The line-up of artists also includes Mike “Beeple” Winkelmann, Stu Maschwitz, EJ Hassenfratz, Chris Schmidt, Angie Feret, Kelcey Steele, Daniel “Hashi” Hashimoto, Dan Pierse, Andy Needham, Saida Saetgareeva and many more.

Additional presenters’ info and a live streaming schedule will be available at C4DLive.com.

Main Image: (L-R) Saida Saetgareeva and Penelope Nederlander

Workstations and Visual Effects

By Karen Moltenbrey

A couple of decades or so ago, studios needed the exceptional power of a machine offered by the likes of SGI for complex visual effects. Non-specialized PCs simply were not cut out for this type of work. But then a sea change occurred, and suddenly those big blue and purple boxes were being replaced with options in the form of workstations from companies such as Sun, DEC, HP, IBM and others, which offered users tremendous value for something that could conveniently fit on a desktop.

Those hardware companies began to duke it out, leading to the demise of some and the rise of others. But the big winners in this early war for 3D content creators’ business were the users. With a price point that was affordable, these workstations were embraced by facilities big and small, leading to an explosion of 3D content.

Here, we look at two VFX facilities that have taken different approaches when it comes to selecting workstations for their digital artists. NYC’s Bonfire, a boutique studio, uses a range of Boxx and custom-built machines, along with iMacs. Meanwhile, Digital Domain, an Oscar-winning VFX powerhouse, recently set up a new site in Montreal outfitted with Dell workstations.

Dave Dimeola

Bonfire
Bonfire is a relative newcomer to the industry, founded three years ago by Flame artist Brendan O’Neil, who teamed up with Dave Dimeola to get the venture off the ground. Their goal was to create a boutique-style base for those working in post production. The front end would comprise a beautiful, comfortable space where Autodesk Flame and motion graphics artists could work and interact with clients in comfortable suites within a townhouse setting, while the back end would consist of a cloud-based pipeline.

“We figured that if we combined these two things — the traditional boutique shop with the client experience and the power of a cloud-based pipeline — we’d have something,” says Dimeola, whose prior experience in leveraging the cloud proved invaluable in this regard.

Soon after, Peter Corbett, who had sold his Click 3X creative digital studio in 2018, agreed to be part of Bonfire’s advisory board. Believing Dimeola and O’Neil were on to something, Corbett came aboard as a partner and brought “some essential talent” into the company as well. Currently, Bonfire has 11 people on staff, with great talent across the gamut of production and post — from CG and creative directing to producing and more. One of the first key people who Corbett brought in was managing director Jason Mayo.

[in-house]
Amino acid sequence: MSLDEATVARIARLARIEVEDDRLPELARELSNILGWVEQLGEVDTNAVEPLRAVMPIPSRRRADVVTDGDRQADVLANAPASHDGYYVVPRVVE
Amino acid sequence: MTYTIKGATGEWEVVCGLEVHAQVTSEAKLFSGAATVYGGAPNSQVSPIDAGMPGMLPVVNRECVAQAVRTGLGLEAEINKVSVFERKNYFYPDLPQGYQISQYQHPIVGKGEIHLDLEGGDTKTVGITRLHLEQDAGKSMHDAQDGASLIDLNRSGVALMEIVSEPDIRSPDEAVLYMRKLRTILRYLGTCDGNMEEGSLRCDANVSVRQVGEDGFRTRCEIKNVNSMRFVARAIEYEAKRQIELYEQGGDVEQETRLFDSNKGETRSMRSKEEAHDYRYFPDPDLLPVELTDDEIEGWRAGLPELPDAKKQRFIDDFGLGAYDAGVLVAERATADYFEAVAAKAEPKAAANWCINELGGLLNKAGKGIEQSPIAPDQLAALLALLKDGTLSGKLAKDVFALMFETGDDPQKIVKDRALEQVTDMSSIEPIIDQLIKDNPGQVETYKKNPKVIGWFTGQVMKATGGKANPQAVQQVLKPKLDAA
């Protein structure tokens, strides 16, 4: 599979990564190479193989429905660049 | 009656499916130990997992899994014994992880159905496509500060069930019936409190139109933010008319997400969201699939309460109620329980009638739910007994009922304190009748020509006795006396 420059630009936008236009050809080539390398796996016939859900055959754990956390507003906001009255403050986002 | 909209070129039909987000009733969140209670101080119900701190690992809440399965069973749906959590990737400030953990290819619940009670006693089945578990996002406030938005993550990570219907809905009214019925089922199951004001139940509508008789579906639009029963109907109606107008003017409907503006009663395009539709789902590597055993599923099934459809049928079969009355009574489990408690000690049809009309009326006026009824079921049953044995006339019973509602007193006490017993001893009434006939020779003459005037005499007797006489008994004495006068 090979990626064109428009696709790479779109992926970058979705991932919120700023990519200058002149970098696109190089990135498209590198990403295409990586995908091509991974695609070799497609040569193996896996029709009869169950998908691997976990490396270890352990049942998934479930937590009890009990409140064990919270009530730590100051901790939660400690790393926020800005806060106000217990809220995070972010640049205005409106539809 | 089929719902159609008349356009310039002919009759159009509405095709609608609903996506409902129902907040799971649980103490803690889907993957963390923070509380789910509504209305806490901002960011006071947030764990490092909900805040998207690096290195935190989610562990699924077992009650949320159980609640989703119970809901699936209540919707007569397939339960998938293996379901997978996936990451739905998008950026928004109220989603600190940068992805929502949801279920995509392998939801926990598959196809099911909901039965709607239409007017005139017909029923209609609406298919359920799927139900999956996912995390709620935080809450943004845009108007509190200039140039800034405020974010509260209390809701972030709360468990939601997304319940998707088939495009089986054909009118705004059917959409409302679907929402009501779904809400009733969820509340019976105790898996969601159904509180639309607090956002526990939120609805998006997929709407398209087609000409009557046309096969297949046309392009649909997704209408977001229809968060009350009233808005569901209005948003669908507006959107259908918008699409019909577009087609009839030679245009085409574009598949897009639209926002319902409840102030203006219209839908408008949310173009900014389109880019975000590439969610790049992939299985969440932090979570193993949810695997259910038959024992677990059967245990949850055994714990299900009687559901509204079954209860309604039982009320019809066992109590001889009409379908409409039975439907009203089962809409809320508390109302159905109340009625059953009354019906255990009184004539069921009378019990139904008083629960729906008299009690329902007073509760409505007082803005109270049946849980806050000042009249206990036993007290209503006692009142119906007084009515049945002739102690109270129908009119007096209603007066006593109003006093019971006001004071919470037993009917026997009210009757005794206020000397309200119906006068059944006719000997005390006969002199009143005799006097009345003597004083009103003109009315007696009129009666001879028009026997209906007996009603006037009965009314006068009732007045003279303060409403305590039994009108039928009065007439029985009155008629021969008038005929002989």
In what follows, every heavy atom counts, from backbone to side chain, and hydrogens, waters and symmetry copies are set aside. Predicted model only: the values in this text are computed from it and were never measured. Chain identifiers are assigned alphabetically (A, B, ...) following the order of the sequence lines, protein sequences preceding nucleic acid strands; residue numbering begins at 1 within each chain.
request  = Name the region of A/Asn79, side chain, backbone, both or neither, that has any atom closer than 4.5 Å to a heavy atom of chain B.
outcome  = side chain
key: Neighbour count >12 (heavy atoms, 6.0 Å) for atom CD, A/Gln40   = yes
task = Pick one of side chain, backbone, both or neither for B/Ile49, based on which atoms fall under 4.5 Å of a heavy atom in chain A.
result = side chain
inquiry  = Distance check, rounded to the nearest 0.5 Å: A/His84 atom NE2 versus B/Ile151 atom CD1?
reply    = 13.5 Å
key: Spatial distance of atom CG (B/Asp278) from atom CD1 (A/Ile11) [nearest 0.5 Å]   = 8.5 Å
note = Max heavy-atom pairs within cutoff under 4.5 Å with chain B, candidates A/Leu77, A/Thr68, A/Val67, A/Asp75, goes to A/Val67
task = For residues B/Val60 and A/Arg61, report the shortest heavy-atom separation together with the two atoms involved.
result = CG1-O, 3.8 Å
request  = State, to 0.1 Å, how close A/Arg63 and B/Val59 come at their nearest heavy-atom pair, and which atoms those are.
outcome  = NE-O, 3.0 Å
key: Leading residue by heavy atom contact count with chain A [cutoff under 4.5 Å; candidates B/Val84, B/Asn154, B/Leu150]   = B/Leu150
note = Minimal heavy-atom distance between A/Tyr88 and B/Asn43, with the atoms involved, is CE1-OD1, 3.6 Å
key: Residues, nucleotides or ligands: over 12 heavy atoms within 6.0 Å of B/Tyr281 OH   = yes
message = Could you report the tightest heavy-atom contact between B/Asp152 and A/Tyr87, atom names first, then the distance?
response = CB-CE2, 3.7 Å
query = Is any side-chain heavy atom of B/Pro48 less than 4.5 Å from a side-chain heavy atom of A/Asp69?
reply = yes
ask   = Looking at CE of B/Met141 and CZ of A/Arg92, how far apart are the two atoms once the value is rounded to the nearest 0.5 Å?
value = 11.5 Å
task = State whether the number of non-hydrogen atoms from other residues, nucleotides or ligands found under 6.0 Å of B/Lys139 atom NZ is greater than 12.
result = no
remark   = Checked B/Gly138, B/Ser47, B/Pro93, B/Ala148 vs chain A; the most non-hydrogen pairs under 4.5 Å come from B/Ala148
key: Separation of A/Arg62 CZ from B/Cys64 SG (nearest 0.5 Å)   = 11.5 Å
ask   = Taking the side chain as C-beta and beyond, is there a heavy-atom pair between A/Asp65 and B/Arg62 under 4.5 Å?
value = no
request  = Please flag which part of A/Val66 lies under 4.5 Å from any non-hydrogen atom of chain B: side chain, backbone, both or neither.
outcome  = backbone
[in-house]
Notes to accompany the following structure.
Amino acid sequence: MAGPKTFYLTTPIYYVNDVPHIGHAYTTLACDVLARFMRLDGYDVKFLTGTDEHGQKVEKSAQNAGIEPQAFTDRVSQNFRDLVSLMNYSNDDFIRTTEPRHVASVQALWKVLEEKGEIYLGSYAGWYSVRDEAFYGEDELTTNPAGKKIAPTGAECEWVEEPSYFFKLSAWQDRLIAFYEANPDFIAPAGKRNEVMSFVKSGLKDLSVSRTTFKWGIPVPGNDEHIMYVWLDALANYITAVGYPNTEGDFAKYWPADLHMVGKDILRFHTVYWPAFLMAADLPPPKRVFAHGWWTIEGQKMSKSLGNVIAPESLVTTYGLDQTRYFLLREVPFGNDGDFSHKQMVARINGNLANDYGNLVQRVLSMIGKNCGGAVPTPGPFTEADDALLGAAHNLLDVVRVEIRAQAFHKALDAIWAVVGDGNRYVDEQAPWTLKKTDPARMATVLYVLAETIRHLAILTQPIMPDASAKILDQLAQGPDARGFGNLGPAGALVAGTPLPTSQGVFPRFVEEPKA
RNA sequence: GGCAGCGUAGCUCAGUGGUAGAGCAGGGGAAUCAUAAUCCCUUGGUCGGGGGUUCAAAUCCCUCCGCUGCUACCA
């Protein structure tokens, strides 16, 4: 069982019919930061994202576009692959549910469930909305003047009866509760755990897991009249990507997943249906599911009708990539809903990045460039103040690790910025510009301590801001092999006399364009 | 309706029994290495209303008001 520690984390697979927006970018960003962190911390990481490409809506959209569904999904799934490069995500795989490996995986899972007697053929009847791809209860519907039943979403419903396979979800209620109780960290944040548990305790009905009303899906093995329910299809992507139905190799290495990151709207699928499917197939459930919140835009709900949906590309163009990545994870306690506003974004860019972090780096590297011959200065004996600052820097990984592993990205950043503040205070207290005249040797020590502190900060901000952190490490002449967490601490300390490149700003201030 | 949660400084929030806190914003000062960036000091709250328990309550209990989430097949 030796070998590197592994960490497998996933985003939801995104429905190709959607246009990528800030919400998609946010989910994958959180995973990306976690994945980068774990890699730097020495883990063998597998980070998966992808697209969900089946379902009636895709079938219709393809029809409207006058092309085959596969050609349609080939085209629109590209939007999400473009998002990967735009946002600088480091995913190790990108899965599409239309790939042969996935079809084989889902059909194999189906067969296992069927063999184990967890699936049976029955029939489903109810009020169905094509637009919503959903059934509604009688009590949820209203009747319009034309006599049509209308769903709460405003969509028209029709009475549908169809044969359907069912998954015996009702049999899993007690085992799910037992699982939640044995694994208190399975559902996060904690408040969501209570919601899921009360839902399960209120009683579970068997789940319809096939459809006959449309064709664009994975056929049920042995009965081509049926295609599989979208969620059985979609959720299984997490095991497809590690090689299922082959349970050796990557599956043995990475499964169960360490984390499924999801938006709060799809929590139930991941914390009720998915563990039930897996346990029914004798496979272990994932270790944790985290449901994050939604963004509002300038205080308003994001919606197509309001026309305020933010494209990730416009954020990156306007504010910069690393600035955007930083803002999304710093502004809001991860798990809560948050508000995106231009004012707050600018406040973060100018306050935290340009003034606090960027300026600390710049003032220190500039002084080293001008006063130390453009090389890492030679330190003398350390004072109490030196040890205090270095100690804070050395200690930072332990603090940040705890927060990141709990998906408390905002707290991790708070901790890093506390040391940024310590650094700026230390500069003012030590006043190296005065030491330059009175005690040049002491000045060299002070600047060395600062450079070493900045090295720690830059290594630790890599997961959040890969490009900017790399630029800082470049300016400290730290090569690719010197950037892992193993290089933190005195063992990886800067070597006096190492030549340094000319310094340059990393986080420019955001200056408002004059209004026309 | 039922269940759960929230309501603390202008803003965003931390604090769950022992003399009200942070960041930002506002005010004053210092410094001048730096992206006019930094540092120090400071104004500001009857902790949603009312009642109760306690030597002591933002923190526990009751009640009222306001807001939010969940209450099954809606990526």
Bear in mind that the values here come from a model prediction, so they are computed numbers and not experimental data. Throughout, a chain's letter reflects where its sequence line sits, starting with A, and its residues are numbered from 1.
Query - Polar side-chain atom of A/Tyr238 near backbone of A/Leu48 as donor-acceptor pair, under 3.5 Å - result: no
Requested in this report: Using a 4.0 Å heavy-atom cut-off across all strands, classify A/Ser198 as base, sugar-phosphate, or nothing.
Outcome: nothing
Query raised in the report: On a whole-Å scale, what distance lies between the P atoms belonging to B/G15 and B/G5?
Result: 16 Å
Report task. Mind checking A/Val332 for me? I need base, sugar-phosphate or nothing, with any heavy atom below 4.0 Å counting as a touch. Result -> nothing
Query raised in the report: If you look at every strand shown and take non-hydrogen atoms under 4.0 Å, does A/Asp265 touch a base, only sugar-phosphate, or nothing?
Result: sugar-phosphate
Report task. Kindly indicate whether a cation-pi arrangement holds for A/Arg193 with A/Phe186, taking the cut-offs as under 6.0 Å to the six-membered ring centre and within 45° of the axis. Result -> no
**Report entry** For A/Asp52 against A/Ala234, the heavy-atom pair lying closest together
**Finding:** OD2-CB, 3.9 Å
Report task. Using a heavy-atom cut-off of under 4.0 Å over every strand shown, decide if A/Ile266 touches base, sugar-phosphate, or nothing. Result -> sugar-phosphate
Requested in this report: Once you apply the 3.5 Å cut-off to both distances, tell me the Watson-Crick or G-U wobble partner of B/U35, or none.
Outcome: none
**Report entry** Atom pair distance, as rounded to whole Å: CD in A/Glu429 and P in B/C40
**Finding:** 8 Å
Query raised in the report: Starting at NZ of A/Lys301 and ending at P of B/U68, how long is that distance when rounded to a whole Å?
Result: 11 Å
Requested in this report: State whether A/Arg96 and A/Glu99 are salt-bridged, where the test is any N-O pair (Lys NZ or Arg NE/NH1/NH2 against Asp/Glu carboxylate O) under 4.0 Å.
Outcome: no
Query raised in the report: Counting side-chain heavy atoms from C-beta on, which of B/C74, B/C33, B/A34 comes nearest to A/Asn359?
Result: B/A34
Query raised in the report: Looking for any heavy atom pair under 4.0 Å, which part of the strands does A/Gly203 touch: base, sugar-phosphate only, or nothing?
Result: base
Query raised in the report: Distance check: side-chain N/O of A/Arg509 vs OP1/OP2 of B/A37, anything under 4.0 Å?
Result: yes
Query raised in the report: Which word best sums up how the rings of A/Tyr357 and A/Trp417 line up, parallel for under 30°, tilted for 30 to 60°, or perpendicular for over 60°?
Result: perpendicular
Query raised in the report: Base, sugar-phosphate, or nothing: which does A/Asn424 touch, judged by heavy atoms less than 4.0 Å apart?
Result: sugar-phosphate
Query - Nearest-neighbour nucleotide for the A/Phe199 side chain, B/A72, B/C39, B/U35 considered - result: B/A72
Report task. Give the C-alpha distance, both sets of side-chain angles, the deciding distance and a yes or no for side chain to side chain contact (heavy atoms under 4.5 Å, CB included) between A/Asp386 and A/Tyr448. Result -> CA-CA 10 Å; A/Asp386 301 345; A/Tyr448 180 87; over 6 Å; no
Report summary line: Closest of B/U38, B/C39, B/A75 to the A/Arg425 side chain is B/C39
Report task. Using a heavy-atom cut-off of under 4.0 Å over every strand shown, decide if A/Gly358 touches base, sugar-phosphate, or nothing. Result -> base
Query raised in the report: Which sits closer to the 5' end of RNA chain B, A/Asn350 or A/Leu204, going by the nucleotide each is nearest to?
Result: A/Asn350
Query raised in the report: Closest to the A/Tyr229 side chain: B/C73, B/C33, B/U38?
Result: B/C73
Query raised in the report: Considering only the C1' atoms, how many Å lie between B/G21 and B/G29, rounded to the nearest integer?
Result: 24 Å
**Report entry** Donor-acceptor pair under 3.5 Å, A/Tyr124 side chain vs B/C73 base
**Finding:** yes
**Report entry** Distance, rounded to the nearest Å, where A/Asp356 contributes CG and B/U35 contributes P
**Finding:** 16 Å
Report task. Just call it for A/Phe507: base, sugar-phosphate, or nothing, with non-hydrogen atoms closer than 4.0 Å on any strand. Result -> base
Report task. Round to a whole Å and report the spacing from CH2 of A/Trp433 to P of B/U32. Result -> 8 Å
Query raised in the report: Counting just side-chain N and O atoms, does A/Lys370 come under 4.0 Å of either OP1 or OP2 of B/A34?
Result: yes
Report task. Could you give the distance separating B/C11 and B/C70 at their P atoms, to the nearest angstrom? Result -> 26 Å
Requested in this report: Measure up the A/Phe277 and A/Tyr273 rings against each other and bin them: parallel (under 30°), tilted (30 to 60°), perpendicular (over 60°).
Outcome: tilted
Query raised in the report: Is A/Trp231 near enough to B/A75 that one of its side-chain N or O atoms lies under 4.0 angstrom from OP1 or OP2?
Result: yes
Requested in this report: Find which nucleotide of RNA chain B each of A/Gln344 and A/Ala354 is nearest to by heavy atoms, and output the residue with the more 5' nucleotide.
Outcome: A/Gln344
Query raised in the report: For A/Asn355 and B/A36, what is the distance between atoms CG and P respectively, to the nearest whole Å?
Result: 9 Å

And thanks to the company’s unconventional production pipeline, it is able to expand its services with remote teams as needed. (Currently, Bonfire has more than 3,000 vetted artists in its network, with a core group of around 150 who are constantly on rotation for work.)

“It’s a game-changer in the current climate,” Dimeola says of the company’s setup. The group is performing traditional post work for advertising agencies and direct to client. “We’re doing content, commercials, social content and brand films,” says Dimeola, “anything that requires storytelling and visual communication and is design-centric.” One of the studio’s key offerings is now color grading, handled by colorist Dario Bigi. In terms of visual effects, Dimeola notes that Bonfire can indeed make animals talk or blow things up, although the VFX work Bonfire does “is more seamless, artful, abstract and weird. We get into all those facets of creation.”

Bonfire has approximately 10 workstations at its location in New York and is expanding into the second floor. The company just ordered a new set of customized PCs with Nvidia GeForce RTX 2070 Super graphic cards and some new ultra-powerful Apple iMacs, which will be used for motion graphics work and editing. The core software running on the machines includes the major industry packages: Autodesk’s Maya, Maxon’s Cinema 4D, Side Effects’ Houdini, Autodesk’s Flame, Foundry’s Nuke and Adobe’s Creative Suite, in addition to Thinkbox’s Krakatoa for particle rendering and Autodesk’s 3ds Max for architectural work. Cinema 4D motion graphics software and the Adobe software will run on the new iMac, while the more render-intensive projects within Maya, Houdini and Nuke will run on the PC network.